That looks decent enough for the short term but getting a drug approved by the FDA (Food and Drug Administration) takes many years and much funding.

As a small research drug company, Cleveland has a history of being 100% government funding and investing it in research to expand its drug development. Cleveland will need additional funding. If additional government funding of drugs can not be obtained they may have to seek other methods of funding the company including dilution. Cleveland is dependent upon government funding until it can get its first drugs FDA approved. Recently Cleveland gained FDA approval on its lab tests concerning Entolimod, which is a positive step towards the long road of approval.

The company has operations in Russia through its 54% ownership in Panacela. Cleveland hopes that bringing new drugs to the market will occur faster (and at a reduced cost through joint funding) in Russia than through the FDA. CBLI on June 30, 2012 announced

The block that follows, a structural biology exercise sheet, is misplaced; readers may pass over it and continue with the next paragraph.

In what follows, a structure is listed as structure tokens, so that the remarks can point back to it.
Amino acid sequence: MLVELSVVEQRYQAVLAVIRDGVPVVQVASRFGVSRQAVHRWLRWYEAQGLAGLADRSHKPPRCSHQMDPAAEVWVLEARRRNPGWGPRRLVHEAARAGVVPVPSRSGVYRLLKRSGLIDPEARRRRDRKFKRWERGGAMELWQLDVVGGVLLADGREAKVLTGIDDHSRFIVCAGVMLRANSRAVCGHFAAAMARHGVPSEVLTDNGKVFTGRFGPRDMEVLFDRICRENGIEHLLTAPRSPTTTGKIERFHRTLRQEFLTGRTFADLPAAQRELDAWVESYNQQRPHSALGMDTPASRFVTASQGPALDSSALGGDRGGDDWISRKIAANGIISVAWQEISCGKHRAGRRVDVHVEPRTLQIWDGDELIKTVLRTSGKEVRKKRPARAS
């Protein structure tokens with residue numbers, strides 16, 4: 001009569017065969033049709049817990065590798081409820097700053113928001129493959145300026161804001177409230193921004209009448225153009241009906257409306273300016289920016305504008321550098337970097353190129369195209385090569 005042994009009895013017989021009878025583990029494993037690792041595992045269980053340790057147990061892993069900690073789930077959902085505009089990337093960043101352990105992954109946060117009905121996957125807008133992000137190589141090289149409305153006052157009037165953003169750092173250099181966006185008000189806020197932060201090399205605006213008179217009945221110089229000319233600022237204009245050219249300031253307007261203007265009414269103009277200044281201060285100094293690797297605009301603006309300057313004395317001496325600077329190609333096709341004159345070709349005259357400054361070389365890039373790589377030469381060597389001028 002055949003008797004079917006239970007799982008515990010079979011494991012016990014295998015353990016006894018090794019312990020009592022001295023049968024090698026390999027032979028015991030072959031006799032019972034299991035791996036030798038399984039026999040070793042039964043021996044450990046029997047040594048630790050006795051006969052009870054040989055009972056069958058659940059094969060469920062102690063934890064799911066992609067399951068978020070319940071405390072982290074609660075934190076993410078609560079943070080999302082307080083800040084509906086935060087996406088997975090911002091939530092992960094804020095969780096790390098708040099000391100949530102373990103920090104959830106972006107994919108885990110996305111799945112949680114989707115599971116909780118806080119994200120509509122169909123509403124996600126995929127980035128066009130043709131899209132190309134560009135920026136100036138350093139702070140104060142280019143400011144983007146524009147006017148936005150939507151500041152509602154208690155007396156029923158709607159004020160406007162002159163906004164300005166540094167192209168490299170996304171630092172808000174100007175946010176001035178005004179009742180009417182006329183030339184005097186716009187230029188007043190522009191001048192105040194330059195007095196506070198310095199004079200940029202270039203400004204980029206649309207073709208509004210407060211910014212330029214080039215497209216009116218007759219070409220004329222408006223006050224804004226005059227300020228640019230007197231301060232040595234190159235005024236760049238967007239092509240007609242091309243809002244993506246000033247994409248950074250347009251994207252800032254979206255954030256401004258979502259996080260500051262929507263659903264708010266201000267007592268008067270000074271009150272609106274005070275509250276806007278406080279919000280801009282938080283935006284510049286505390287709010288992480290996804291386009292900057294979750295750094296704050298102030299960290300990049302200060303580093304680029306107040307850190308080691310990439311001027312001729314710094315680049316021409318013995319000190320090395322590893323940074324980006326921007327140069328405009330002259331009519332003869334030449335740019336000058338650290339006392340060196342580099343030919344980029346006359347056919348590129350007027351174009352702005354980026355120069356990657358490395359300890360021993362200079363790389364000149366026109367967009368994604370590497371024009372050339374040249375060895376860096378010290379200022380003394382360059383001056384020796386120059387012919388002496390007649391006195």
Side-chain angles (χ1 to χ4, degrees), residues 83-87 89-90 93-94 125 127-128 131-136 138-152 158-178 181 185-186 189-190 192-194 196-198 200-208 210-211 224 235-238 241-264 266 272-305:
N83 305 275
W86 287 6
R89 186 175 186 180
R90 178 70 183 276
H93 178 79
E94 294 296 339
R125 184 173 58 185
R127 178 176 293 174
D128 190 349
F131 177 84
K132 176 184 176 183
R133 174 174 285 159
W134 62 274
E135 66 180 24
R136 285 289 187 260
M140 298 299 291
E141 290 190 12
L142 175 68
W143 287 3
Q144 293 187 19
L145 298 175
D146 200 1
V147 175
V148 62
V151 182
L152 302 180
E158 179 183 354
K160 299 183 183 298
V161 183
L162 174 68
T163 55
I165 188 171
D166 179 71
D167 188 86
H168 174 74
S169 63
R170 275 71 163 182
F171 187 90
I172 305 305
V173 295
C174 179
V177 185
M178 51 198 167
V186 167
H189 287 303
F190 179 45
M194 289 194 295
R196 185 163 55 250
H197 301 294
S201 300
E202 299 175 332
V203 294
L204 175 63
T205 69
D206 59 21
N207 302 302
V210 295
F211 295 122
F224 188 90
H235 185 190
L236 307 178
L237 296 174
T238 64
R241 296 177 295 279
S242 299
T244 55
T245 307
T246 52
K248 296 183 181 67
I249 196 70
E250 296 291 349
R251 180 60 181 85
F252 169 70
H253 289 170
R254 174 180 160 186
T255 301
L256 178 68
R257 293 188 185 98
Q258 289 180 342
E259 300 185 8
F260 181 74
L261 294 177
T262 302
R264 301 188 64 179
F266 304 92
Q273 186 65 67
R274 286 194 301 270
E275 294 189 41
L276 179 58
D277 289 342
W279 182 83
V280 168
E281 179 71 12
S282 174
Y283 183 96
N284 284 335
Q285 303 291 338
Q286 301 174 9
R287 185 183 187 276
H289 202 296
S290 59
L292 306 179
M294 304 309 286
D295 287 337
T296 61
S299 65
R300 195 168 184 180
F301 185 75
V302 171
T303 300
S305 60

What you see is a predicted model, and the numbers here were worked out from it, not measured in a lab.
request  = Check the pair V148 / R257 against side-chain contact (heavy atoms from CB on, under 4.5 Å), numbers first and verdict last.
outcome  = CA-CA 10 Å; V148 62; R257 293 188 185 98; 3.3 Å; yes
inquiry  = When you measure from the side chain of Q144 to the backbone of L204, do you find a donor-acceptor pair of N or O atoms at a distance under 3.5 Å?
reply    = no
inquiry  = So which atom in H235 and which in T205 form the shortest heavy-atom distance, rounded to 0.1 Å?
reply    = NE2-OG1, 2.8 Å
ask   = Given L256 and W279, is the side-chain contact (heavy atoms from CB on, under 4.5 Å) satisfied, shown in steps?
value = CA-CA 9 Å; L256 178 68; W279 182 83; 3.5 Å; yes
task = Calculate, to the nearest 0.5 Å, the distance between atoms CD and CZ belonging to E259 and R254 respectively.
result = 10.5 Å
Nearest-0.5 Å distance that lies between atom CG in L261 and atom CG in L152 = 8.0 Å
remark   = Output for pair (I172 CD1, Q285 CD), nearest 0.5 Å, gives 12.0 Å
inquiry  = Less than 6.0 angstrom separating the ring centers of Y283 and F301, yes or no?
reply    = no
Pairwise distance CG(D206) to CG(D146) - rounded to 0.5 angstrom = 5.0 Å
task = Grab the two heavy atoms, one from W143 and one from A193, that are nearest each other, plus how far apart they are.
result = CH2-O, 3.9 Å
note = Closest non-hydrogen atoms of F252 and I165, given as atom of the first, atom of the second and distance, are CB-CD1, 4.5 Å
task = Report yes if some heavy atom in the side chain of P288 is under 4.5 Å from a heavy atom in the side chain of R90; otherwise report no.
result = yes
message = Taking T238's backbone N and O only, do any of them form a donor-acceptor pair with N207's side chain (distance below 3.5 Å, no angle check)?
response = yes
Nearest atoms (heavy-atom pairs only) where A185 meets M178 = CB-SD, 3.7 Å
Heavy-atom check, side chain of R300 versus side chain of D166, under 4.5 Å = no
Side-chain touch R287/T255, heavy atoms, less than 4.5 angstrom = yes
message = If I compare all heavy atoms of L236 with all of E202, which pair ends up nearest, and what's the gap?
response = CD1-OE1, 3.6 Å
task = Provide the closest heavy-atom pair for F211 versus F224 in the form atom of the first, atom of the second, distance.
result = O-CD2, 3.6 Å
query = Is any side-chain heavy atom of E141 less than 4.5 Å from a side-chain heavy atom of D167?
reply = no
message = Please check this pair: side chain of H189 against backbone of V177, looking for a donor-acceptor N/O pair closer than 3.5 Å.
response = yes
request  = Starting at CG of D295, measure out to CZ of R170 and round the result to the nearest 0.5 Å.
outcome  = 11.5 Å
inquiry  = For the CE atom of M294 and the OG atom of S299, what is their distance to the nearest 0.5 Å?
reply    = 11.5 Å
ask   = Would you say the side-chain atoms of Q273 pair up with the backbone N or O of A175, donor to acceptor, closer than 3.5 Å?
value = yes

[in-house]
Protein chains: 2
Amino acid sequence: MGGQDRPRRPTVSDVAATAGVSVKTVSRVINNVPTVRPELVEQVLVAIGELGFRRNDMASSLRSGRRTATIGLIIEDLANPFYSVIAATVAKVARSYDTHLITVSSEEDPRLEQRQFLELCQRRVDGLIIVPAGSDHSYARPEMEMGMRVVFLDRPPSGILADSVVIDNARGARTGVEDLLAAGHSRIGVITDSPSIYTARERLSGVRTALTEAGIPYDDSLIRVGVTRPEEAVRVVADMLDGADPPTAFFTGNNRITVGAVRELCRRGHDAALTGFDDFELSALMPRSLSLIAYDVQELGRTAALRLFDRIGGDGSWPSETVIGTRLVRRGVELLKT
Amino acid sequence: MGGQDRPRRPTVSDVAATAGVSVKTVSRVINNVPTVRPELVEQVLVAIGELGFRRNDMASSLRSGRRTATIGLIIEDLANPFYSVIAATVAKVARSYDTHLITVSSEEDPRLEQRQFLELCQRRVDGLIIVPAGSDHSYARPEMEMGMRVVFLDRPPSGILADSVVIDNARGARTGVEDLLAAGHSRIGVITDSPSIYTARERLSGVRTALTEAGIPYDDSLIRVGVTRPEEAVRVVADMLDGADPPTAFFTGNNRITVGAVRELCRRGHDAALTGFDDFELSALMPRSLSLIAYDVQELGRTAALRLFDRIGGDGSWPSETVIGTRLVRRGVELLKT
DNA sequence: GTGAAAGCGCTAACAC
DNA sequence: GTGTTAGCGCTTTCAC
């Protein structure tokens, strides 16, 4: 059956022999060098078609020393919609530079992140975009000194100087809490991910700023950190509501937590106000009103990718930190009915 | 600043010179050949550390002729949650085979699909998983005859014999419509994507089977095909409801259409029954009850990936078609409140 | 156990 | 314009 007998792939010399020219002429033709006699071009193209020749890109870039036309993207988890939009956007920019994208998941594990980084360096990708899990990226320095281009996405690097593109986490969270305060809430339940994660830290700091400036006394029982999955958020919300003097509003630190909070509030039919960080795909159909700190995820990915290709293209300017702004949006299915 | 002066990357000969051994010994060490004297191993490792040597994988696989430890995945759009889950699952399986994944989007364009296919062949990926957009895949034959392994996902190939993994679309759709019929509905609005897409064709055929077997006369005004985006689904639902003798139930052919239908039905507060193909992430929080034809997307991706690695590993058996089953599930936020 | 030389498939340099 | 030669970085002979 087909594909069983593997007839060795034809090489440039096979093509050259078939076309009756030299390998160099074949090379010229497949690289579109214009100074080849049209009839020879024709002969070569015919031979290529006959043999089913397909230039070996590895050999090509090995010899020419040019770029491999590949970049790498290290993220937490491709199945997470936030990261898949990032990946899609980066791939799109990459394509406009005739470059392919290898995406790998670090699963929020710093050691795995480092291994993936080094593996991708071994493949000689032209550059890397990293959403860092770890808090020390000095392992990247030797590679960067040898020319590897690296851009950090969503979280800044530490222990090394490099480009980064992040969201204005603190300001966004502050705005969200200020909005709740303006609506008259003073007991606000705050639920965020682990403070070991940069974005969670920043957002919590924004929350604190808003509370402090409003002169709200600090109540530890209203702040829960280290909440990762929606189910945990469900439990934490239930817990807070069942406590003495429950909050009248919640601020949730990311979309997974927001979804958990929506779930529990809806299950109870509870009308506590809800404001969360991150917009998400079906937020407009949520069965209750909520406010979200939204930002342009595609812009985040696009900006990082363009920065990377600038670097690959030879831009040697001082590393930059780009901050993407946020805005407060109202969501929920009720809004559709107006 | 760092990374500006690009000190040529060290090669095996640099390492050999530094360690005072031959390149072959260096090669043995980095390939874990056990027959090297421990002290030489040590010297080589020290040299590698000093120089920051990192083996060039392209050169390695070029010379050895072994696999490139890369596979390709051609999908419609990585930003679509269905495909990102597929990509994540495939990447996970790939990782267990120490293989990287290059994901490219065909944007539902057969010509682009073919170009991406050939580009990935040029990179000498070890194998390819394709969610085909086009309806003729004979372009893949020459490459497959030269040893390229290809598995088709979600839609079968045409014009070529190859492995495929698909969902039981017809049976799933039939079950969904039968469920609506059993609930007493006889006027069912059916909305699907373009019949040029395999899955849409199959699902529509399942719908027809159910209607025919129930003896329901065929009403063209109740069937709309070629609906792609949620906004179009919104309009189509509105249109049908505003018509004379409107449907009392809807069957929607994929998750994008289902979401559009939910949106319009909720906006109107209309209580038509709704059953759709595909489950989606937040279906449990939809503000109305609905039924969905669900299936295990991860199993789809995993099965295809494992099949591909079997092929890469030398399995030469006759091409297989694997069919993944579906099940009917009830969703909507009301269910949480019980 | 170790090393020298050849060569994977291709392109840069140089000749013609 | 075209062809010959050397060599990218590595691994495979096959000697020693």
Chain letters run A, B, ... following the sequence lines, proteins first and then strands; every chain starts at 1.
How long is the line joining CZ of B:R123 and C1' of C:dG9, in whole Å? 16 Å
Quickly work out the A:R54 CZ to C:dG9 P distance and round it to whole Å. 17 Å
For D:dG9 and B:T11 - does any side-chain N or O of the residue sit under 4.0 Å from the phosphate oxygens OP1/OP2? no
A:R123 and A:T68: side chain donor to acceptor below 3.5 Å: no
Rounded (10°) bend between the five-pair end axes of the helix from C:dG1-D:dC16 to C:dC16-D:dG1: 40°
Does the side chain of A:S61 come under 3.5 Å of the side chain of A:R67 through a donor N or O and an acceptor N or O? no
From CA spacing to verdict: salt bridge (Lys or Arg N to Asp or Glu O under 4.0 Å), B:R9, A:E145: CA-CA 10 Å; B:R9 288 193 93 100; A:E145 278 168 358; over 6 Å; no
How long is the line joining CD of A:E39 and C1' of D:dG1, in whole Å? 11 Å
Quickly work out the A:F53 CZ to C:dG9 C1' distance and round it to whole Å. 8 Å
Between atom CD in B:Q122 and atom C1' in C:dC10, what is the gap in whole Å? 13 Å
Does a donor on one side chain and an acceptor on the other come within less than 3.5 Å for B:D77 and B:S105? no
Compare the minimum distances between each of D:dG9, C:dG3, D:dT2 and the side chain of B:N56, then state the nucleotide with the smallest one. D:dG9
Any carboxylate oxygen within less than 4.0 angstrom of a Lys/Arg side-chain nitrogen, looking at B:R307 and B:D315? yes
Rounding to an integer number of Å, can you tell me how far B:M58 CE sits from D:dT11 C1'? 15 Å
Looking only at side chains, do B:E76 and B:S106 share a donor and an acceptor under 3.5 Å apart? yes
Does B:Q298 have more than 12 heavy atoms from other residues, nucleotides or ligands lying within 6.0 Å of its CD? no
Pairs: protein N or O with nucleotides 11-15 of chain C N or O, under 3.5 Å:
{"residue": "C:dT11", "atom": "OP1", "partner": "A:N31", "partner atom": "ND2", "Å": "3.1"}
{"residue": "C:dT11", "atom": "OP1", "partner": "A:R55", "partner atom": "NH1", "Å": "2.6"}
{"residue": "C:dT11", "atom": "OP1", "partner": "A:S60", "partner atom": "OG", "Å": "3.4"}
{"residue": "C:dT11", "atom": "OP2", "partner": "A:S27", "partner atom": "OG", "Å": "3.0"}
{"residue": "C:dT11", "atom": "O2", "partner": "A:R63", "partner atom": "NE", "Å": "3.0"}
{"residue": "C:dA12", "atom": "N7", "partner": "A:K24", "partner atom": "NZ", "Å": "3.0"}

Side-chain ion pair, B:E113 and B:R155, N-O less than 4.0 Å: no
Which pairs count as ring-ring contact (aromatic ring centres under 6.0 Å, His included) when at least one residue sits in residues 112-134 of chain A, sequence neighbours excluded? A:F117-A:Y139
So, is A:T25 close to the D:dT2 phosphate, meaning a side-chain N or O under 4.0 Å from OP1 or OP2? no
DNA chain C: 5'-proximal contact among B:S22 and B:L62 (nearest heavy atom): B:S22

CBLI has signed a contract valued at 139 million rubles, or approximately $4 million (based on current exchange rates), with the Ministry of Industry and Trade of the Russian Federation for development of CBLB612, a drug in development for stimulation of hematopoietic stem cell proliferation and mobilization. The contract, issued under Russia's "Pharma 2020" development initiative, provides funding over a period of approximately three years, which will be used to support completion of preclinical studies, filing of an IND and Phase I and II clinical studies.

Cleveland also owns 78.5% in the Russia based Incuron. Obtaining new or expanding government research contracts is crucial to continuing research and development.

Competition

Many companies are also trying to develop various anti-radiation drugs, all in different stages of development. Many appear to be several years away at best and that is not to say the FDA will approve any of them. The vast majority of the companies are private, which leaves few choices for investors to speculate on. Working on anti-radiation drugs are: